In many (possibly most) cases yes, it will give better anonymity, but keep in mind that:
some degree of fingerprinting correlating the 2nd computer to you is possible through the analysis of your keyboard and mouse usage alone (even just mouse movement), and from your interaction with individual or multiple sites, when these interactions use the same Tor circuit
as you hinted at, the other fingerprinting methods will still be employable, they'll just won't be correlatable to what you've done and do through other devices. But all the activity you do through the 2nd computer will be correlatable.
- possibly facilitate hacking
- allow to spoof anything that is being sent to
computer 1, so that for example you might be thinking that you've posted something to a site, when you actually haven't
- allow interception of anything you do through it, including for example the interactions with TLS sites
- through the interception, facilitate your identification (analysis of anything you do with the computer, not just within the browser)
- easily allow to see, even remotely, that it is communicating with
any adversary that can look at the 2nd computer's communications will get to know about the first one
of course, as you mentioned, the global adversary can always correlate
If you don't have physical control of the 2nd computer you don't really know what it's doing: it might well be sending all your traffic to someone, it might have backdoors/out-of band management facilities, and in general it might be very easy for someone else to interact with or spy on, even without any "hacking".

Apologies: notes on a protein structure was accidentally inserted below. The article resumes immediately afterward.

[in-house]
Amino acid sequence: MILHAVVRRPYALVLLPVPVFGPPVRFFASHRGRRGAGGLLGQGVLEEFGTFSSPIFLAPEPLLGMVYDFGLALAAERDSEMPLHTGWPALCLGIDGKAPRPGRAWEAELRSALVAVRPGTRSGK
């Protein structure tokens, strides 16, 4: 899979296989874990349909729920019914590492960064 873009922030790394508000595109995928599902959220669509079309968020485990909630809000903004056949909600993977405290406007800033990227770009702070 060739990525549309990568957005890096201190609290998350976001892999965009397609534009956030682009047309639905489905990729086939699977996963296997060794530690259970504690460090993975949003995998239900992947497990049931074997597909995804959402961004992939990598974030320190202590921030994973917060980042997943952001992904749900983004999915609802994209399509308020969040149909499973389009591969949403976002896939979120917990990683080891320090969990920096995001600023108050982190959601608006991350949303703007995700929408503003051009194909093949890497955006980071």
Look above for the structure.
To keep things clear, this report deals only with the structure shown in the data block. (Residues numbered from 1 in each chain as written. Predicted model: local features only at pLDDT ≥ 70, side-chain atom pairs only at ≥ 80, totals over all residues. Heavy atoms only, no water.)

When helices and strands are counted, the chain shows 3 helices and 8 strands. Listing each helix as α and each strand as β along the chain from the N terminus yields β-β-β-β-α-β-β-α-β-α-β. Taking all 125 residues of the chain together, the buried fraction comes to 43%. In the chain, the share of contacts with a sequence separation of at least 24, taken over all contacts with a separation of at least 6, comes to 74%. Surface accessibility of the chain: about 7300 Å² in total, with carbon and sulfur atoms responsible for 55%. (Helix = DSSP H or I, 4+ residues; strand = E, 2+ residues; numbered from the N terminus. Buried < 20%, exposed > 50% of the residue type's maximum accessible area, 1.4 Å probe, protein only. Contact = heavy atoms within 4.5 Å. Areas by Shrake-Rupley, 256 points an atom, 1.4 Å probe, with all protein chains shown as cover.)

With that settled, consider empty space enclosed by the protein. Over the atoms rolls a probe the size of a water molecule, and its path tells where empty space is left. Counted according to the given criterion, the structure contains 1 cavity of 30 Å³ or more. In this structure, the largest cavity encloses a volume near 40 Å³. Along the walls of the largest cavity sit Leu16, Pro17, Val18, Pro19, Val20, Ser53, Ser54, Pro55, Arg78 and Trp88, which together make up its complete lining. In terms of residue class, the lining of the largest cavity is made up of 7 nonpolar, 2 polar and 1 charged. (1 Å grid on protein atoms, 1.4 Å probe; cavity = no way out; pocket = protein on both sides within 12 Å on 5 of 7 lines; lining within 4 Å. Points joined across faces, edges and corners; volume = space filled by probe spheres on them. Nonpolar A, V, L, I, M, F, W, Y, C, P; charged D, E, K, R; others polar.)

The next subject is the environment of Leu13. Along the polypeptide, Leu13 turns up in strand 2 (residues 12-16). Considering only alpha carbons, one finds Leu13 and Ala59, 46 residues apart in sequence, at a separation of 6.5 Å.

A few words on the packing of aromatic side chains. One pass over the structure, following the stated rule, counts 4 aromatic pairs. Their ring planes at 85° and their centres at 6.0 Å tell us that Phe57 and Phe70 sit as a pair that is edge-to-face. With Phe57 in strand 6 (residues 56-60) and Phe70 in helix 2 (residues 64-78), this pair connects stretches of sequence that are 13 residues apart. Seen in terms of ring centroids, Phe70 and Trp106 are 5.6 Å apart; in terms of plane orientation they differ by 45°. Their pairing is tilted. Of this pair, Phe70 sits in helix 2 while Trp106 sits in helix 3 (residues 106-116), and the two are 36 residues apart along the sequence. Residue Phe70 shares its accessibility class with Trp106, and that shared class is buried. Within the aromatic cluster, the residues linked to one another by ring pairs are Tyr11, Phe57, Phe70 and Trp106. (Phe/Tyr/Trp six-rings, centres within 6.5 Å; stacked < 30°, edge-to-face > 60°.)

The hacking point means that you should care about the 2nd computer's security too.
The last point is instead actually a very serious threat that this model introduces.
For all your aims except Tor hiding and DNS leaks it would be better, with no drawbacks, to use a computer more under your control.
DNS leaks are easily preventable in other ways (Tor or VPN proxy), so I would ignore them here.
For Tor hiding you should keep in mind the alternative of passing through a VPN (either commercial or set up on a "2nd computer").
This has the drawback that it might be possible to detect Tor usage through traffic analysis (of the traffic between you and the VPN alone).
So ultimately you should balance the threats:
is it more likely and risky that my mere Tor usage gets detected by an adversary other than the global ones or the ones in control of the VPN/2nd computer (who have always other means of detecting it), or that the 2nd computer is accessible to or hackable by an adversary (which allows the interception, in clear, of everything you do through it)?